Norway and Russia to visit sunken Komsomolets sub three decades after it sank

komsomolets The doomed Komsomolets submarine at sea. Credit: Wikimedia Commons

This summer, Norwegian and Russian scientists will plumb the depths of one of the Cold War’s most enduring legends – the Komsomolets nuclear submarine, which sank 30 years ago this week off Norway’s northern coast, killing 41.

The submarine, at the time the most advanced in the Soviet Navy, was carrying two plutonium warheads when it went down on April 7, 1989. Those now lie at a depth of 1,680 meters with the rest of the sub’s wreckage and pose ongoing worries about radioactive leakage at the bottom of the Norwegian Sea

But plutonium isn’t the only concern. The submarine’s reactor, loaded with nuclear fuel, is a source of other radioactive isotopes like cesium 137 and strontium 90.

According to Norwegian radiation officials, leakage from the wreck – though deeply submerged and unlikely to contaminate fish stocks – has been detected on the numerous missions Russia has undertaken since the Komsomolets went down

And while Norway has not been able to duplicate Russian results exactly, the scientists hope that their new deepsea rover, the Ægir 6000, will dislodge more answers about possible contamination hazards when it dives to the wreck on the July joint mission.

The Komsomolets put to sea in 1984, at a time when the Cold War had grown especially frosty. Advanced automated systems allowed for the sub to be operated by a relatively small crew of 69.

But what the sub lacked in sailors it made up for in firepower and stealth. Designed to go deeper than any other submarine in the world, the Komsomolets’ huge titanium hull could largely evade American detection. Nervously, the Americans responded with new submarines of their own, but none could match the clandestine depths to which the Komsomolets could dive.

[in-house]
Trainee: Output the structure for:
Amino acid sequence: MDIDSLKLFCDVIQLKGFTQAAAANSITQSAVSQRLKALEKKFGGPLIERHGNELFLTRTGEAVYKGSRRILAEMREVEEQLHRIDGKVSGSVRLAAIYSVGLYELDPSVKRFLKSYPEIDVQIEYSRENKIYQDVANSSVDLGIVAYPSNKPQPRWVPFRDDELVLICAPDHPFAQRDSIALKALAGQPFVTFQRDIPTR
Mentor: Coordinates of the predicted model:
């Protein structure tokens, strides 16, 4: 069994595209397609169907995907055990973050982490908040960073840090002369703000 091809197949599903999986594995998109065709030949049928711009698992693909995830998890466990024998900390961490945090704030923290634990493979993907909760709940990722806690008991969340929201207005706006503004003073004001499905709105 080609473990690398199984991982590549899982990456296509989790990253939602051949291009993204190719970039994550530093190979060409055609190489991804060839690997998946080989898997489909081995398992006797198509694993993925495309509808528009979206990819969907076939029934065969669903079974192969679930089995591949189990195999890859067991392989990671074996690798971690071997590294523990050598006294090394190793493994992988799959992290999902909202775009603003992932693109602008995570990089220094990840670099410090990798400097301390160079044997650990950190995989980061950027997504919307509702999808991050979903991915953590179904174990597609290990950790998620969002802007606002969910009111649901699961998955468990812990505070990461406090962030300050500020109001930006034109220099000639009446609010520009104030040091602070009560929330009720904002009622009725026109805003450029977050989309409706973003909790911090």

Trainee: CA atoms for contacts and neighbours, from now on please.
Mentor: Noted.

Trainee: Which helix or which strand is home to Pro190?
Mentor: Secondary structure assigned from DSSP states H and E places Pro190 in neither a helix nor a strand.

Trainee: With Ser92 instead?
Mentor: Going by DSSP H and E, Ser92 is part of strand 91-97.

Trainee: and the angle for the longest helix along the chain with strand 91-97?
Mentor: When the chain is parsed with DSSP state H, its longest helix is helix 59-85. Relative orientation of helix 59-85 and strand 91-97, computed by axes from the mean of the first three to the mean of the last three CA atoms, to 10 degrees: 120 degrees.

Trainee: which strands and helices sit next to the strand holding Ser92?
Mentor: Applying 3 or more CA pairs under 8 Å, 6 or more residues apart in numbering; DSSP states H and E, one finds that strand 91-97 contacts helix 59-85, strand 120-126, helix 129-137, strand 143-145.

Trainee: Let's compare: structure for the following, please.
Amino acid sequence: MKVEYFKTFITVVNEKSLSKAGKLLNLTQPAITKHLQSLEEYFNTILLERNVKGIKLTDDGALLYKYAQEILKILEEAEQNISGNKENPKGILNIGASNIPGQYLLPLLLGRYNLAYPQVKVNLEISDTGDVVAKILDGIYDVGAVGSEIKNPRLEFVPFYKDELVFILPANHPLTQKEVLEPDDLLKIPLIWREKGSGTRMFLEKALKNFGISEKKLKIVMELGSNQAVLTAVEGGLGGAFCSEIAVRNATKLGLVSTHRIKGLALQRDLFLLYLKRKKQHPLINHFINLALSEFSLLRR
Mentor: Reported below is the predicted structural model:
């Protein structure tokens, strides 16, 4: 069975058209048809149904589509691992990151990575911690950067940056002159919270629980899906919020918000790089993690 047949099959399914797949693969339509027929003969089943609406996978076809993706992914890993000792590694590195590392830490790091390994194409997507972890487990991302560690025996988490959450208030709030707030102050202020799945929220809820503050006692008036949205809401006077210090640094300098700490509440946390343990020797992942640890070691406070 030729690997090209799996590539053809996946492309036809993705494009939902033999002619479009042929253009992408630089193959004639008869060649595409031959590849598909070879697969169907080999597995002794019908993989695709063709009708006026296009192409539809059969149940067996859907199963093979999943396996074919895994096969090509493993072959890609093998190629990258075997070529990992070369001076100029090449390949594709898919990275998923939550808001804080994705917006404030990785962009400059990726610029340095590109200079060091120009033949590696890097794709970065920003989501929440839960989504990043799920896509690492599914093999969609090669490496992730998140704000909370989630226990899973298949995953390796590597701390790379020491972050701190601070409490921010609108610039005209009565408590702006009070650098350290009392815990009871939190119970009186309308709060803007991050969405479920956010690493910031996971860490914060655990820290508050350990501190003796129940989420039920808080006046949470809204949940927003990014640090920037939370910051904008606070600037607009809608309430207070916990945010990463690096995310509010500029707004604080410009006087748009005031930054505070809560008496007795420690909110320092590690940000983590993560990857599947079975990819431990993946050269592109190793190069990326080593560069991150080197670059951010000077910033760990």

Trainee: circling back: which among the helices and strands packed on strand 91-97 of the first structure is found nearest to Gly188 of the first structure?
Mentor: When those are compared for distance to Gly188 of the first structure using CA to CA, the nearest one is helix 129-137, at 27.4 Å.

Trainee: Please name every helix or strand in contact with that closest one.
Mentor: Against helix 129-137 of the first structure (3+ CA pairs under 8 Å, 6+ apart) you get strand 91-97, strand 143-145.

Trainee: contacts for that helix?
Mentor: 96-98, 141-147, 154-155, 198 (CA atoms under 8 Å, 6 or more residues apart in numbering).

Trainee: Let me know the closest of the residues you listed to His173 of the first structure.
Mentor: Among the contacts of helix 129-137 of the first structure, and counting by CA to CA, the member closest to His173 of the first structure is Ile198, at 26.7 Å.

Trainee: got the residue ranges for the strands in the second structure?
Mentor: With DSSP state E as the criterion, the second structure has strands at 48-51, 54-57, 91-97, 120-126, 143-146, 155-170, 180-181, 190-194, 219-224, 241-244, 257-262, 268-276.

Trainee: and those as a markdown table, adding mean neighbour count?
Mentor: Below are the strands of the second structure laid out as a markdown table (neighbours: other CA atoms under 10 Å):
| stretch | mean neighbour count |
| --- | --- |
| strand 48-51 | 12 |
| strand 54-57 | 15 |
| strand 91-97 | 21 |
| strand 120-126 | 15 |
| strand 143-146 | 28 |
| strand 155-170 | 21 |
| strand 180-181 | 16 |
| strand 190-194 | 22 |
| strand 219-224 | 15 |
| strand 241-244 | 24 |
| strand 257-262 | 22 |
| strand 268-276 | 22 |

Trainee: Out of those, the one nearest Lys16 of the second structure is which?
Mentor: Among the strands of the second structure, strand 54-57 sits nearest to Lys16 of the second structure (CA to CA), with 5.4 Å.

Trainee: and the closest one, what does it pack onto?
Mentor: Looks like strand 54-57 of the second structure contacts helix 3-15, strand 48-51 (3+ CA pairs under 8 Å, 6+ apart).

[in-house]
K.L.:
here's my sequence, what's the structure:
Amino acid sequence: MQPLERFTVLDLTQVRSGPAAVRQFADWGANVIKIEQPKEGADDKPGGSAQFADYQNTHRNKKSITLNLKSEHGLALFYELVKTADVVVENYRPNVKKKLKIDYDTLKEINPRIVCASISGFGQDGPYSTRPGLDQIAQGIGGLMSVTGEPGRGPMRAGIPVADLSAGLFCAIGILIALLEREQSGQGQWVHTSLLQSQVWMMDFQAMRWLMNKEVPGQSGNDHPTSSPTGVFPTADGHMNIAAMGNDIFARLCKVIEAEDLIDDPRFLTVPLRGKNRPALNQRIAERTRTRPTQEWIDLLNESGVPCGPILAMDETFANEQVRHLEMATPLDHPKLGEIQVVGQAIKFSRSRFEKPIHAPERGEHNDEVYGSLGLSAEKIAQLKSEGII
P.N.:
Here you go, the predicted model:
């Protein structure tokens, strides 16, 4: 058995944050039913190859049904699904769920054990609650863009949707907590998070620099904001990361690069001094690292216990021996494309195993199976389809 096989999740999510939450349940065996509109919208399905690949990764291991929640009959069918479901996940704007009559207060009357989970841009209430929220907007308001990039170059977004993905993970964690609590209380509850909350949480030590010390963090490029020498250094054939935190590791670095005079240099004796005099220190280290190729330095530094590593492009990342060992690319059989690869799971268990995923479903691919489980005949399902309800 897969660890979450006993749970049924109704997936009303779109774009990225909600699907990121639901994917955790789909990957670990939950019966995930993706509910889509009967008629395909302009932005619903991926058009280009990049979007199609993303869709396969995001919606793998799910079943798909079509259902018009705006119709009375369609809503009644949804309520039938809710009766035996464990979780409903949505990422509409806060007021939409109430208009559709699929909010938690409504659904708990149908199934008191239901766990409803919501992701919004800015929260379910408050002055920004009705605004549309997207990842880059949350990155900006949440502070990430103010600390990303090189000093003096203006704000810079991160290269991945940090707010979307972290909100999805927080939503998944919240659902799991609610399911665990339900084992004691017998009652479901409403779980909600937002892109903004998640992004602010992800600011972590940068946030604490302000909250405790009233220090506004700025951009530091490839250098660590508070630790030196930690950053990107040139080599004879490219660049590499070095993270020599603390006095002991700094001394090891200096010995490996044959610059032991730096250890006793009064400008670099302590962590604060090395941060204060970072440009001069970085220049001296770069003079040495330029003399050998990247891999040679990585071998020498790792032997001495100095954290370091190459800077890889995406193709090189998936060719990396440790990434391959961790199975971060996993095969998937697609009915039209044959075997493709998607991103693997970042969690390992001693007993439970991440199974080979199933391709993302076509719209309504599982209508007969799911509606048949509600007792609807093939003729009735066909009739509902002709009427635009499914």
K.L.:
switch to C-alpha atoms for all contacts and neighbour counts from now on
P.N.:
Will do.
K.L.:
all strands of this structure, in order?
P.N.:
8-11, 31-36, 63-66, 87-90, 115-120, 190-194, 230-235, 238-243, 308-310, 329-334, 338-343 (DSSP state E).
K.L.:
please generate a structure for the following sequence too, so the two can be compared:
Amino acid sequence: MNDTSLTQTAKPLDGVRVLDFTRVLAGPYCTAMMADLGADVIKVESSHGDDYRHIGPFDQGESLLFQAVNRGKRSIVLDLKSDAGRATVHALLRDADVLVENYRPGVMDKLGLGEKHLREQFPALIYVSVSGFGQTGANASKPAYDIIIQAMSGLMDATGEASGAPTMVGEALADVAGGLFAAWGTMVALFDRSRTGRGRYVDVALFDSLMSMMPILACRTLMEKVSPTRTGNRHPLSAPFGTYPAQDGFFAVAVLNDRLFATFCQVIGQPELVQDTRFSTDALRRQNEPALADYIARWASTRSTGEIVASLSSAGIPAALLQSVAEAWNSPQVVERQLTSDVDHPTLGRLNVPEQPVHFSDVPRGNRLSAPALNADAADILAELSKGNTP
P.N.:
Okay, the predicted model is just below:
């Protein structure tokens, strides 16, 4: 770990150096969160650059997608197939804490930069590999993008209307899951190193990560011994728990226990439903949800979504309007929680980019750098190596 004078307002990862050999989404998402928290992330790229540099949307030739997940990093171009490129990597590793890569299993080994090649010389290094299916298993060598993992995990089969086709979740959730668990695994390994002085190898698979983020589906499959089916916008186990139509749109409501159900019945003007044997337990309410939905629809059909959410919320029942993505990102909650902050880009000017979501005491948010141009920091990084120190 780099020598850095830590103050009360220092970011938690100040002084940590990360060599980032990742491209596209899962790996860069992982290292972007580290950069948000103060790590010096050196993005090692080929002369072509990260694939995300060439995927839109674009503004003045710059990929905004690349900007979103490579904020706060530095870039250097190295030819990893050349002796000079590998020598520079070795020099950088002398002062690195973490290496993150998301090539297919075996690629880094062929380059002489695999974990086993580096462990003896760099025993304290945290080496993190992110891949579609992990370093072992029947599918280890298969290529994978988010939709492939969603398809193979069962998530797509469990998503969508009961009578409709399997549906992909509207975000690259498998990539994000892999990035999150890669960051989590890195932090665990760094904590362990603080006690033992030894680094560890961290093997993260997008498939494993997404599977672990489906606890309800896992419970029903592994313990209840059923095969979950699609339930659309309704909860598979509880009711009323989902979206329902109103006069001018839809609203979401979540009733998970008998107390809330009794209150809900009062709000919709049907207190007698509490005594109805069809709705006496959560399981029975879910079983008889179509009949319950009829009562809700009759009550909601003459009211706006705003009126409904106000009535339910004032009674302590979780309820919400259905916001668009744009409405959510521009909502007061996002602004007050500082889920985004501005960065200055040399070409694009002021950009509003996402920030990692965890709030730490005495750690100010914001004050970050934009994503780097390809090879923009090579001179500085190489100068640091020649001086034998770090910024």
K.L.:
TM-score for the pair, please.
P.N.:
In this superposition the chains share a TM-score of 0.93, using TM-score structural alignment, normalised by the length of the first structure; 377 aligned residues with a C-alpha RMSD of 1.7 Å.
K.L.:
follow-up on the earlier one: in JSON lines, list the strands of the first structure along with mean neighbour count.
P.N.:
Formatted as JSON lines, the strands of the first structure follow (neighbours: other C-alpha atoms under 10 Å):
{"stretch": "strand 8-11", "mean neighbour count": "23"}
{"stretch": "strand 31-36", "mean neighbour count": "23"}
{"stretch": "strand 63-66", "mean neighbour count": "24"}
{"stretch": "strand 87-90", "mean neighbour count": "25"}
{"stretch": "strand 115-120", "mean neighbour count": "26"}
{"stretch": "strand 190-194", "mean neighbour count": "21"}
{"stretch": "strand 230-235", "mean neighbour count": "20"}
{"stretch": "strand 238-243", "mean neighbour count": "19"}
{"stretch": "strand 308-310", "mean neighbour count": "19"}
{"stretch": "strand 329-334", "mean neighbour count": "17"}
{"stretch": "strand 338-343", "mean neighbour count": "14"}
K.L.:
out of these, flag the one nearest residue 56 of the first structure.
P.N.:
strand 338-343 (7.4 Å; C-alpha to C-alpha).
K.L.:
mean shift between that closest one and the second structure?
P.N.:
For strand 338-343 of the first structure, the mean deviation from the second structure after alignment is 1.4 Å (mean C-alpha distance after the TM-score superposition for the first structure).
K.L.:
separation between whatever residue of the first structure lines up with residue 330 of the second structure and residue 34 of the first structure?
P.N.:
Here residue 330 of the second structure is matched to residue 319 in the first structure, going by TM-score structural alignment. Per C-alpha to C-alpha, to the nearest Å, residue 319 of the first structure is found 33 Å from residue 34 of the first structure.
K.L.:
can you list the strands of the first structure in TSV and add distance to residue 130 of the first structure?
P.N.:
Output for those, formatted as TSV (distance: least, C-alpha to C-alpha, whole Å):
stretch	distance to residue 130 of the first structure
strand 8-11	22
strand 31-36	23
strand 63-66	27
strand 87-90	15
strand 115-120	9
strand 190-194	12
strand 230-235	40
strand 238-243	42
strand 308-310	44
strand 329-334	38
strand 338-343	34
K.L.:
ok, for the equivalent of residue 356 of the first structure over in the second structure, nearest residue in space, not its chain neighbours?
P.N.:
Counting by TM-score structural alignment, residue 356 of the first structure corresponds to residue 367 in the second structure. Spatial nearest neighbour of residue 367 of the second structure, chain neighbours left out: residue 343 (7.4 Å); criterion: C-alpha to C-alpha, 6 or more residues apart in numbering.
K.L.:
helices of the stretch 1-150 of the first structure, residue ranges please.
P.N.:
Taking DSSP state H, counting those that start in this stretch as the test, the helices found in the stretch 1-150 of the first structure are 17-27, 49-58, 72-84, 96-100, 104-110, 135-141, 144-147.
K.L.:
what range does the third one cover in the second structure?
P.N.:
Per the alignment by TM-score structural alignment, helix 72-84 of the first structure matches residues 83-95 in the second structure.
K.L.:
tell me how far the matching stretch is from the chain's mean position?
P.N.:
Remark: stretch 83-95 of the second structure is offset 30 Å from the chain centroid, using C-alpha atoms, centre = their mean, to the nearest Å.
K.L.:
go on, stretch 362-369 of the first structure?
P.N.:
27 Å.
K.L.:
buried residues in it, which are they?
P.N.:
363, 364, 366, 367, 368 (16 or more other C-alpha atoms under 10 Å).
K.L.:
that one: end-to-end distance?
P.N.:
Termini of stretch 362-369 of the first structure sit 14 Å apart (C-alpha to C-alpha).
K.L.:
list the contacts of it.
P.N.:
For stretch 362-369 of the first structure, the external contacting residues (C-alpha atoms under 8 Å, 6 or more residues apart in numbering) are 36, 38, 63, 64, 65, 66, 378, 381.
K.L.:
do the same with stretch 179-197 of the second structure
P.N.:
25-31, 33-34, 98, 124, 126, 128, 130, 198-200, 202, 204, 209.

komsomolets The Komsomolets at sea. Credit: Courtesy of the Barents Observer

Yet while the Komsomolets began as a clear a symbol of the Soviet Union’s military might, it came to be one of the first signs of its undoing.

At the time of the sinking, Gorbachev’s Glasnost reforms had taken firm root – and a catastrophe the Navy might earlier have hushed up was front-page fare in Russian newspapers like Komsmolskaya Pravda and Sovietskaya Rossiya.

The minute-by-minute details of the wreck, as related in a public account by the CIA, were harrowing. The disaster started at 11:03 on that April 7, while the Komsomolets was sailing at a depth of 386 meters, when, suddenly, high-pressure air hoses connected to the submarine’s ballast tank burst their seal.

The hoses, driven by a frenzy of air spray, damaged an oil containment and sparked a flash fire in the submarine’s oxygen rich air. The expanding blaze tripped the reactor’s emergency shutdown and caused a loss of power in the submarine’s hydraulic system – leaving the sub immobile and powerless.

In order to surface from the depths, the captain was forced to blow the main ballast tanks. Struggling upward, the Komsomolets managed to send its first encoded SOS to headquarters by 11:14.